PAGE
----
With contributions from James Smith, a recent Oxford University graduate and current SENS Research Foundation Summer Scholar working at the Harvard Stem Cell Institute.
Assume a single bacterium weighs one thousand billionth of a gram. If it, and each of its progeny, divides once every 20 minutes then the population will reach approximately 4000 times the mass of the earth in two days. Such is the power of exponential change.
In 1976, the first digital camera was invented. It could capture images at a resolution of 0.01 mega pixels, it weighed nearly 4lbs and cost around $10,000. In 2014, a digital camera with more than 10 mega pixels weighs 0.03lbs and can cost as little is $10. Trends like this are a result of exponential improvement in technology, described by Moore’s law. It explains how vast numbers of technologies can now be combined into a single portable device (your mobile) that 20 years ago would have required several large suitcases and considerable physical stamina to transport. Understanding exponential change and its role in technology formed a large portion of the keynote speech by Peter Diamandis on the final day of the Rejuvenation Biotechnology conference (read earlier blogs here and here).
Figure 1: Linear growth is steady, exponential growth becomes explosive (http://www.thethirdsource.org)
One might, and Diamandis does, consider exponential change as an empowering force; it allows paradigm shifting technologies to rapidly advance and overtake current platforms. Think Facebook, YouTube, WhatsApp, Dropbox. All went from idea to billion-dollar company in a matter of years. Can the same occur in the cell therapy industry?
In another panel session, Bob Clay, Chief Regulatory Officer at Kinapse, noted that in the last 40 years, approximately 30 new drugs have been approved each year by the FDA. This linear change seems to be in stark contrast with that discussed above. But the above picture is incomplete – eventually change must plateau as some theoretical maximum is reached.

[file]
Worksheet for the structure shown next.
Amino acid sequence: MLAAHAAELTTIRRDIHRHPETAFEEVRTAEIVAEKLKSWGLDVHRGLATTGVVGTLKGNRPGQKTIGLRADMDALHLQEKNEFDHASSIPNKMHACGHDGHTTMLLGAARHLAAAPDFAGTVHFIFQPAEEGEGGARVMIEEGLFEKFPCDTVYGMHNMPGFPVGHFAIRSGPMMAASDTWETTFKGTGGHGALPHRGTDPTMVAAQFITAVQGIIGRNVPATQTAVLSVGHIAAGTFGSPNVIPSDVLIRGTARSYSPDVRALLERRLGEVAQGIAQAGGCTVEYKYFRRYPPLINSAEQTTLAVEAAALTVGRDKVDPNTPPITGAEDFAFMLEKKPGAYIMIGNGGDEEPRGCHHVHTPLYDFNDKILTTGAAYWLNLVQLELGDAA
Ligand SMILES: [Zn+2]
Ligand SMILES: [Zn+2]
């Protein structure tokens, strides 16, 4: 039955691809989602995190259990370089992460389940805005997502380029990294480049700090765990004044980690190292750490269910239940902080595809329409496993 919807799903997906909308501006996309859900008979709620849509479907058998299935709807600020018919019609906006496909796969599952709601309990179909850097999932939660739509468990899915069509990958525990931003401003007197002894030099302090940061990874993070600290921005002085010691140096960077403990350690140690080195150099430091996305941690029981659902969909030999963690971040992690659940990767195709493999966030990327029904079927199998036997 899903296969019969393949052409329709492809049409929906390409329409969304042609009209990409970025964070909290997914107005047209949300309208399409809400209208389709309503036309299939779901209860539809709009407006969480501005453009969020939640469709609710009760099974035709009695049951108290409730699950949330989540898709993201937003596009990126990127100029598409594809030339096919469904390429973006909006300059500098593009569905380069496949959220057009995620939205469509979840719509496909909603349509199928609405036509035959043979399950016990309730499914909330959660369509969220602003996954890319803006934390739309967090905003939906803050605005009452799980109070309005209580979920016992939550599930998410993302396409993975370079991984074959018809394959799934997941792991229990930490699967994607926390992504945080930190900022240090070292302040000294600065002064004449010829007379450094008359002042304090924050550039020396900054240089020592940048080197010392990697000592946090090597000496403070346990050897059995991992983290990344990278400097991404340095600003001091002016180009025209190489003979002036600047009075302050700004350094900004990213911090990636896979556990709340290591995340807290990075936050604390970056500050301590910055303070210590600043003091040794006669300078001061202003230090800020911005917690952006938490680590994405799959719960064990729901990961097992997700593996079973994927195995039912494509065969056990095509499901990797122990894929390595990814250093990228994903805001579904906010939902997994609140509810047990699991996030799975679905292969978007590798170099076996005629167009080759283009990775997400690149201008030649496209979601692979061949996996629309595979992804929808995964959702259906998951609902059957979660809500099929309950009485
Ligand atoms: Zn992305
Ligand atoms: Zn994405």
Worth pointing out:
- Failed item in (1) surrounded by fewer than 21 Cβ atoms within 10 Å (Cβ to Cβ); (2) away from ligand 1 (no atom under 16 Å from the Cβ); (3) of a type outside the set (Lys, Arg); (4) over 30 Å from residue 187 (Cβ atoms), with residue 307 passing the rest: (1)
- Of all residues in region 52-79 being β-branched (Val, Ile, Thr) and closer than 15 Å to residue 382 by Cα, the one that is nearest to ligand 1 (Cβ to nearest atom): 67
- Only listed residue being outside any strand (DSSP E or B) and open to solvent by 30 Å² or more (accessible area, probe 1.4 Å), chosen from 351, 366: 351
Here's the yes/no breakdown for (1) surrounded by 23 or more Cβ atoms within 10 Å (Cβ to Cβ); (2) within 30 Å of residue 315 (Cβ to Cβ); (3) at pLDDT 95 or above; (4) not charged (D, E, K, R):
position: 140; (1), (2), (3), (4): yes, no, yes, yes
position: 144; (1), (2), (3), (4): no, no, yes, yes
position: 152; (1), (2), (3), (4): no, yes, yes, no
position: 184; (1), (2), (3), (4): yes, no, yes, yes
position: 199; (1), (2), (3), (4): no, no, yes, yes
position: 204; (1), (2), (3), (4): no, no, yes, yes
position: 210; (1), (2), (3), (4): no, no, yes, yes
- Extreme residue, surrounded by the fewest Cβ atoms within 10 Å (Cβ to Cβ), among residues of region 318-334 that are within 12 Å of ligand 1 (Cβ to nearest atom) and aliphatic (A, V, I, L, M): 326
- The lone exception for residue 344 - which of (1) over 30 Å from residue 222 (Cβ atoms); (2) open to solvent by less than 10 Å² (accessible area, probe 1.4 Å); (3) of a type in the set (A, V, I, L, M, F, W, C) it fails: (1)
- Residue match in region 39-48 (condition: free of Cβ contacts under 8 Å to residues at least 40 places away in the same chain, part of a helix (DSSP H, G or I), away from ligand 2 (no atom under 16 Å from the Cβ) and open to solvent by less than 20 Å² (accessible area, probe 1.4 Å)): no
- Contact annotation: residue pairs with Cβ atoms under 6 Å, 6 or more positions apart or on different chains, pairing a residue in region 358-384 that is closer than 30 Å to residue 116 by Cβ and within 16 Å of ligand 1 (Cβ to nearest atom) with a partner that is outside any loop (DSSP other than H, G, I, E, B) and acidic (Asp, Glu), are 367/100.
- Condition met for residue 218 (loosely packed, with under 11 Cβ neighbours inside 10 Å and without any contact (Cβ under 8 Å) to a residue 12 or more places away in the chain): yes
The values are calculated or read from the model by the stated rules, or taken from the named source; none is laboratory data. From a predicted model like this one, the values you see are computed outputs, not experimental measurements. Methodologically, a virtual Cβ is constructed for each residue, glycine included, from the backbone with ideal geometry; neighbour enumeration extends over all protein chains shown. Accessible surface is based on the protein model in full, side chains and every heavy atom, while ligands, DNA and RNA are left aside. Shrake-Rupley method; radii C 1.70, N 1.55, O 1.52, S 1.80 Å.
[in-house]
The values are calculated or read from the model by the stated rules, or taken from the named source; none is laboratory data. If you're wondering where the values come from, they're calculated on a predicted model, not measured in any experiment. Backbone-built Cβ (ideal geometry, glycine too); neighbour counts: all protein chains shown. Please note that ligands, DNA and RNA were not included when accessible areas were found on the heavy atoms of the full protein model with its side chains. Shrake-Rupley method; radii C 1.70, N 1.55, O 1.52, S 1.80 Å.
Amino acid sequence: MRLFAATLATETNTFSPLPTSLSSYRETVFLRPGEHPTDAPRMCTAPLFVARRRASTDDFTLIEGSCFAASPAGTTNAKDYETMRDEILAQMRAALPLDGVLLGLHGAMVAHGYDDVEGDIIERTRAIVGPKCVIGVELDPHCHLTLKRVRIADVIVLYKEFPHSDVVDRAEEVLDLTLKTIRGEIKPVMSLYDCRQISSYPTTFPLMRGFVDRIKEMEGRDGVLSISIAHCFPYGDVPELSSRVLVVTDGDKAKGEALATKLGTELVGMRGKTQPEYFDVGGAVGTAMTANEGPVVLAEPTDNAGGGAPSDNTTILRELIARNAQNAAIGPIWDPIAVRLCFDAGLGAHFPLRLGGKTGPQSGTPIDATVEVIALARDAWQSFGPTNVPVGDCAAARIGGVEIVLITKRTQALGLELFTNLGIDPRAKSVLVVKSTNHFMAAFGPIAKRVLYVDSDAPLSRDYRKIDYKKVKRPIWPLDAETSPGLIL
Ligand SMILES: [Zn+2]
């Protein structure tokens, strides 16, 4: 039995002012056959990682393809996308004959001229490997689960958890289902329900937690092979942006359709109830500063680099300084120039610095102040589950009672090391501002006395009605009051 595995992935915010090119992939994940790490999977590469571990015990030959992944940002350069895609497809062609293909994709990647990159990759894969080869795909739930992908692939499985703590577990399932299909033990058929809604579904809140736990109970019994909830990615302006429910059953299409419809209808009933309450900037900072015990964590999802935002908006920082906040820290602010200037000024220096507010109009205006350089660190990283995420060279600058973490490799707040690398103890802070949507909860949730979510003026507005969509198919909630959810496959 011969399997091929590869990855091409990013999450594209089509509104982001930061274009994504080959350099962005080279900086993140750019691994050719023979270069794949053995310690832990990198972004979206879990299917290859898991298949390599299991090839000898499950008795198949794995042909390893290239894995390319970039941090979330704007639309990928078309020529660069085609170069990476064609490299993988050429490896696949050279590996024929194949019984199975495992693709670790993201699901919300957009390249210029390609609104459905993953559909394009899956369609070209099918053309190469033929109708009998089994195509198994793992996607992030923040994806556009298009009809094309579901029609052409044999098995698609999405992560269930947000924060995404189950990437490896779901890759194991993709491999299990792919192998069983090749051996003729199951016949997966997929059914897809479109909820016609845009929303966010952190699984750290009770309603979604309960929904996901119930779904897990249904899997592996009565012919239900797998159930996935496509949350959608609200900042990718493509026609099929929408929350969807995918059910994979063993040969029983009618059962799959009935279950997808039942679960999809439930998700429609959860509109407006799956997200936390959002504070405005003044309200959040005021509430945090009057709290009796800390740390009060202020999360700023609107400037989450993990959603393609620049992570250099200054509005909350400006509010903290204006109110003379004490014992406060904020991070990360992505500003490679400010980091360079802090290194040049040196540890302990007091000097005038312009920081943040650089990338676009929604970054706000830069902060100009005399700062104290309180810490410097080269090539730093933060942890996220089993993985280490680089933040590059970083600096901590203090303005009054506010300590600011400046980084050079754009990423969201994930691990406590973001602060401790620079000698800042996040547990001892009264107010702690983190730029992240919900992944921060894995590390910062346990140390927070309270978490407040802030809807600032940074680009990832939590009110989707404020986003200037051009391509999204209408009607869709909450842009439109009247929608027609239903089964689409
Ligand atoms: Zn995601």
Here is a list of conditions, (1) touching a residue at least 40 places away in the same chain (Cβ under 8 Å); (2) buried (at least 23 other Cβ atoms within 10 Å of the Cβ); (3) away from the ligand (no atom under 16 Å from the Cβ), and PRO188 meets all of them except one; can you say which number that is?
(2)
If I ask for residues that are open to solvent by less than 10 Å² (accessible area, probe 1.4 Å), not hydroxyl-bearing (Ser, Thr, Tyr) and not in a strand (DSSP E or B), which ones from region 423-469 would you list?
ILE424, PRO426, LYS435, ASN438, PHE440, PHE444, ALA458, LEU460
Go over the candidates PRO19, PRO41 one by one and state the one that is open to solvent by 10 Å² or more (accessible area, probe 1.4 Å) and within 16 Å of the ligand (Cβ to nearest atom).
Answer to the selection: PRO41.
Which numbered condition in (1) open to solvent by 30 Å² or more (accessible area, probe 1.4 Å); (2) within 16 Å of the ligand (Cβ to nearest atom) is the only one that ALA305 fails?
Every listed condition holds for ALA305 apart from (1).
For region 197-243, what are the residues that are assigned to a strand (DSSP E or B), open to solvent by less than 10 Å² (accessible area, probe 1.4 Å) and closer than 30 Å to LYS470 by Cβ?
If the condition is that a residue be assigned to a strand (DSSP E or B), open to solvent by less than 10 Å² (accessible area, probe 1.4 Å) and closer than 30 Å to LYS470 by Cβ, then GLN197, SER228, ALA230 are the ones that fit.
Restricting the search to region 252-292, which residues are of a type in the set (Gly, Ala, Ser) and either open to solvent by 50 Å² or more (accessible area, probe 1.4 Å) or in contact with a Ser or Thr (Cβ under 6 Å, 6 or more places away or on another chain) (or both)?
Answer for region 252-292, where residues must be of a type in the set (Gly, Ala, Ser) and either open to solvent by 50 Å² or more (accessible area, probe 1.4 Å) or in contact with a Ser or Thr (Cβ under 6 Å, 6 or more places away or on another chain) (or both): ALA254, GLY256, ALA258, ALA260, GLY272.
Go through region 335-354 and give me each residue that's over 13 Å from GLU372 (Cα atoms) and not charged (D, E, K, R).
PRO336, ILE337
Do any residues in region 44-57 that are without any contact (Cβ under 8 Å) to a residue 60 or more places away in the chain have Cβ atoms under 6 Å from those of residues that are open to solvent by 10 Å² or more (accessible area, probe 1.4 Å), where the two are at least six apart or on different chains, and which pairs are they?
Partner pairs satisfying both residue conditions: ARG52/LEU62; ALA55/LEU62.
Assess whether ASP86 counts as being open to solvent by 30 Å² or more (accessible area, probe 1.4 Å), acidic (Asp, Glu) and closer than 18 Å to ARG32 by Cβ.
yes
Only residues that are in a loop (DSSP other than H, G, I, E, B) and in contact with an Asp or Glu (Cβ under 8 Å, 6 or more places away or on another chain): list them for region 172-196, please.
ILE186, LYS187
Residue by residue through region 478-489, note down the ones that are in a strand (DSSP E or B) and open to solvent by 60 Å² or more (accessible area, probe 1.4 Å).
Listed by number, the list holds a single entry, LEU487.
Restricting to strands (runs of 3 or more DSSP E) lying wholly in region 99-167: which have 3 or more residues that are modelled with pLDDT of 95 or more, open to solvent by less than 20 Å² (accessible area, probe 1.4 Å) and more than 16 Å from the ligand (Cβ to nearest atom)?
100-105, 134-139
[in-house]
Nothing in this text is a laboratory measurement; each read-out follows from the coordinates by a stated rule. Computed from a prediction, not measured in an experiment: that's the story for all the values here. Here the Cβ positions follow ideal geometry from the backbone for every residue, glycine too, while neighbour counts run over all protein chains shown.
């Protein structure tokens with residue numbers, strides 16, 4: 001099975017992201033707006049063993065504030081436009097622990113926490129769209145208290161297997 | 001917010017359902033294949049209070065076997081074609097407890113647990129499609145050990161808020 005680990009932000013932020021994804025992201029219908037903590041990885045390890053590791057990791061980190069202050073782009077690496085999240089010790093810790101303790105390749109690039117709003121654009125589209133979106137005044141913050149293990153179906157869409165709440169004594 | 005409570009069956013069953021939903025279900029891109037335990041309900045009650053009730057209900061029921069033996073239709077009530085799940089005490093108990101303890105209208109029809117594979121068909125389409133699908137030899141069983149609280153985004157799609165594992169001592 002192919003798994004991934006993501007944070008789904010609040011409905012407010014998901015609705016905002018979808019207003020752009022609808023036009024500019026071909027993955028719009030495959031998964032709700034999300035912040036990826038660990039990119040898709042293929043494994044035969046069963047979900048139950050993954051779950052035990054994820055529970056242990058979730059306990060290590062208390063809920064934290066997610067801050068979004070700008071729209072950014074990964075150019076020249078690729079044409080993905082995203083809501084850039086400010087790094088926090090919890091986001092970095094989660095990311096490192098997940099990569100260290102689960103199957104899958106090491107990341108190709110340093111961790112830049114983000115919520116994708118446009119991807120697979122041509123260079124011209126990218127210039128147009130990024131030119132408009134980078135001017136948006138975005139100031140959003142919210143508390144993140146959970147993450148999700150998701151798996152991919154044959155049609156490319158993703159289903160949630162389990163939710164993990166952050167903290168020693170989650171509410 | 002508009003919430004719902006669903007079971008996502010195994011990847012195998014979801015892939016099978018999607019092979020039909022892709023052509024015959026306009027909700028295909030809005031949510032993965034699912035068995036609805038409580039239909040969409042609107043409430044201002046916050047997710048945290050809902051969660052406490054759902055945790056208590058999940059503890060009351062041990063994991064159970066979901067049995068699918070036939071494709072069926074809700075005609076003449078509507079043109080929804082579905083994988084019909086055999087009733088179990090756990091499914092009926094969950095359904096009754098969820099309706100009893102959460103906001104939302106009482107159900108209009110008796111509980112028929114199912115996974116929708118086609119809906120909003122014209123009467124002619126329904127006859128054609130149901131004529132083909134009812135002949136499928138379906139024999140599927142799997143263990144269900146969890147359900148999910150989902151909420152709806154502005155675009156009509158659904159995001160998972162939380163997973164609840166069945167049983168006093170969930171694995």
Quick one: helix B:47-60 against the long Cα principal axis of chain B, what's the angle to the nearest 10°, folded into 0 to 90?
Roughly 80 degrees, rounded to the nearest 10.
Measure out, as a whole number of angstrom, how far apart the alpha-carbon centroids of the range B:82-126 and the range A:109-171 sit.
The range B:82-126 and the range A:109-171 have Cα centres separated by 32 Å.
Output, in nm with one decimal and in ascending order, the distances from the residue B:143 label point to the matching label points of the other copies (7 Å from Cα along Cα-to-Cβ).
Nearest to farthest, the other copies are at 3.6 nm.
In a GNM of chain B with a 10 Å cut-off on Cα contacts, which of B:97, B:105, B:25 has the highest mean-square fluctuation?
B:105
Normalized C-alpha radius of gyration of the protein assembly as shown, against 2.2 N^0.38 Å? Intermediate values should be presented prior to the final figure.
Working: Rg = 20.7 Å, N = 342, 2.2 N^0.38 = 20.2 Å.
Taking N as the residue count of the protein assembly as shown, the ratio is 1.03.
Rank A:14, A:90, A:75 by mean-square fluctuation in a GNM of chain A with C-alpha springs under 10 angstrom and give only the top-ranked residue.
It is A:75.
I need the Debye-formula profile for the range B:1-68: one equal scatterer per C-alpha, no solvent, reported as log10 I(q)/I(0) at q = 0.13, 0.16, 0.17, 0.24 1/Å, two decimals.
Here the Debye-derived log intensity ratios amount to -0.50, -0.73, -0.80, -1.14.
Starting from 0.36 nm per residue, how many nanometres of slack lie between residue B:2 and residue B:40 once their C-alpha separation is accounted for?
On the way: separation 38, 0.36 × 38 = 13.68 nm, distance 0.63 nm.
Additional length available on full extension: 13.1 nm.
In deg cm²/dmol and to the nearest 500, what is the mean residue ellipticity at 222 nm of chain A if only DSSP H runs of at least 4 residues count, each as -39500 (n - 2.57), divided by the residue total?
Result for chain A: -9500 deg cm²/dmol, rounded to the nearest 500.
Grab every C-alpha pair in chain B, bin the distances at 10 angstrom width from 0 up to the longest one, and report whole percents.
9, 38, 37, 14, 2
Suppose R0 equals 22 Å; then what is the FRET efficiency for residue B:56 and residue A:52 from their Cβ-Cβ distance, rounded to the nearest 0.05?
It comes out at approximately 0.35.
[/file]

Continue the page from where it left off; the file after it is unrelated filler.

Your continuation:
With health care, this maximum might be an entirely disease-free population. As we get closer to the limit – as we certainly are – it inevitably becomes more difficult to produce innovations that cause significant change. As an example, small pox has been eradicated entirely. Therefore, there is one less space in which innovation can take place.
It should be clear from this that a great potential to achieve the desired exponential change occurs if we change the theoretical limit. Cell therapy could be a tool that allows us to do this. It permits thinking about medicine in an entirely different way, thus providing new avenues through which change can take place. Lab-grown organs are one example. Before the advent of regenerative medicine, this potential path for medical innovation and intervention did not exist.
One might counter that cell therapy as an industry seems to be advancing slowly. However, the industry is young, and it may be that we have simply not yet reached the ‘knee’ of the exponential curve. If technology does indeed increase explosively, then a comparable explosion in the need for translational research will emerge. Medical innovation, unlike technological innovation, requires stringent tests of safety and efficacy. Addressing this need could allow us to match exponential technological advances with exponential patient benefit.
The picture for cell therapy is not, we think, as simple as might be hoped. But the potential to fundamentally change the limitations of medicine and open new avenues for explosive growth to occur are promising and real.
For health, the challenge will be to rapidly translate new technologies into patient outcomes. For industry, enabling this translation will be critical to commercial success. The interests of both are closely aligned.
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